The Future of Public Transport in Bangkok
Like other towns and cities in developing countries, Bangkok's urban tissues are infected with sprawl and an obsession with cars. Since the inception of the Litchfield Plan decades ago - long recognised as the city's first spatial development plan - Bangkok has been a car-oriented city. This American-style Comprehensive Plan proposed the building of a network of roads, resulting in an urbanisation pattern where highways lead, fragment, and eventually disperse land use development. This legacy is still ongoing in other Thai towns and cities where roads are the benchmark of the 'modern.' By contrast, the availability of other choices - be it cycling, walking, or facilities for crossing the three-lane streets without feeling threatened - is treated as optional and tangential to the bigger existence of cars.
However, over the past ten years the city has rolled out mass transit alternatives such as the elevated-rail skytrain (BTS) and the underground (MRT) which have been enthusiastically received and well used by commuters, locals and tourists alike. These have revolutionised how Bangkok perceives urban mobility, i.e. 'hey, we don't necessarily need car to get around anymore.' To further the city's move toward a sustainable urban future, earlier this year the city introduced the BRT - the Bus Rapid Transit - to relieve the congested roads.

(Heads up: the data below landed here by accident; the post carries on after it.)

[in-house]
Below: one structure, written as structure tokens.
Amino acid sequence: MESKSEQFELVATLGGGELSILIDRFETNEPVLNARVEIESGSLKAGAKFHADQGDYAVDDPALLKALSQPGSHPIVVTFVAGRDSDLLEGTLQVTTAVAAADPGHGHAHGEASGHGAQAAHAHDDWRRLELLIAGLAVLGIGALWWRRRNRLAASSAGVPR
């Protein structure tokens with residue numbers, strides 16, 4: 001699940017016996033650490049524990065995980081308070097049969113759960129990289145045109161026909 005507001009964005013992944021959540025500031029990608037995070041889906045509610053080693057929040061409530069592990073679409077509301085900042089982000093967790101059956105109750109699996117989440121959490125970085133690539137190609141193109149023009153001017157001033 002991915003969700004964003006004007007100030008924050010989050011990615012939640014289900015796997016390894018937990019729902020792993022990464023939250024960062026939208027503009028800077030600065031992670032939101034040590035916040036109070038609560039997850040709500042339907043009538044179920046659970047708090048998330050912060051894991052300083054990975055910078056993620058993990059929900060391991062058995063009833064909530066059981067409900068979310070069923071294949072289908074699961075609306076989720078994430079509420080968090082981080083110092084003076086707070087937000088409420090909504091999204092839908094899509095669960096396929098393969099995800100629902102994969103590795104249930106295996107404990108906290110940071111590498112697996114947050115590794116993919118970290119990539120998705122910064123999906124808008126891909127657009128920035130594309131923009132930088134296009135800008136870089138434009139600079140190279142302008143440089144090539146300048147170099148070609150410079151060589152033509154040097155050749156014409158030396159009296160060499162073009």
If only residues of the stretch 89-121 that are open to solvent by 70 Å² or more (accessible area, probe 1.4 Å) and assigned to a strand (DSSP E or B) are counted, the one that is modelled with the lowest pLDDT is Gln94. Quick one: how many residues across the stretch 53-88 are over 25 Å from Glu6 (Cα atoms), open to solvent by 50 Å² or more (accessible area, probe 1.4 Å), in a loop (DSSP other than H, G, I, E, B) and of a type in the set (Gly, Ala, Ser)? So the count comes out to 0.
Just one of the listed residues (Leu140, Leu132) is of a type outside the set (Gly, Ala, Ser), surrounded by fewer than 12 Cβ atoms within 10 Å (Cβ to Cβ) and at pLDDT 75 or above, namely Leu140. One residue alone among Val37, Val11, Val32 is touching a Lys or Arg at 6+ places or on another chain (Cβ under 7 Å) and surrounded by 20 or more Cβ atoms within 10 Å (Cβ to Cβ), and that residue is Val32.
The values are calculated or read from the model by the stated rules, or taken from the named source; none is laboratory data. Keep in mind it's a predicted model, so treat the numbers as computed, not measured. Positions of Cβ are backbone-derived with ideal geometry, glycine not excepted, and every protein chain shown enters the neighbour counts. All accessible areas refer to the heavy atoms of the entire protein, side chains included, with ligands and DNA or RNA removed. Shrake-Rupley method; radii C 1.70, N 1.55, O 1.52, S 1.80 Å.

Inspired by success stories in Bogotá and Jakarta, the first of five routes routes of the BRT serves a length of 16 kilometers via 12 stations in the southern core of Bangkok, characterised by a mix of highly dense residential, commercial, and employment areas. However, unlike its older cousins, the reception and perception of the BRT is lukewarm at best. In installing the BRT facility side by side with the road, some drive space has been sacrificed, generating friction in the politics of space. The new bus-only lane is perceived by the drivers as taking away 'their driving space', as if that common resource belongs solely to them in the first place. Worse yet, the city may consider 're-evaluating' the whole scheme in terms of its 'efficiency.'
If efficiency should be the gauge as purported, BRT is decidedly much cheaper, more cost-effective, and more energy-efficient than lightrail/monorail. It is also very affordable, not only for the commuters but also for the city governments in this trying time of financial restraint. Contrary to popular belief, not all Bangkokians are generous and patient. It is interesting to note that the BRT is one, if not the only, of the rare instances where a public mode of on-road transport is given priority. Thus, the perception of 'us' or, worse yet, 'me' in the car looking out at 'them' on the buses moving fast and free may be frustrating to some. In a city where meaningful civic public space does not extend beyond the compound of a mall, the civic culture of Bangkokians is now put to the test.
A city can't be considered a city if it fails to afford and expand choices for its dwellers. Should the BRT really come to pass, it would be a sad day for both Bangkok and Thailand - a country which has only just begun to embrace a transport network which provides multiple alternatives for its residents.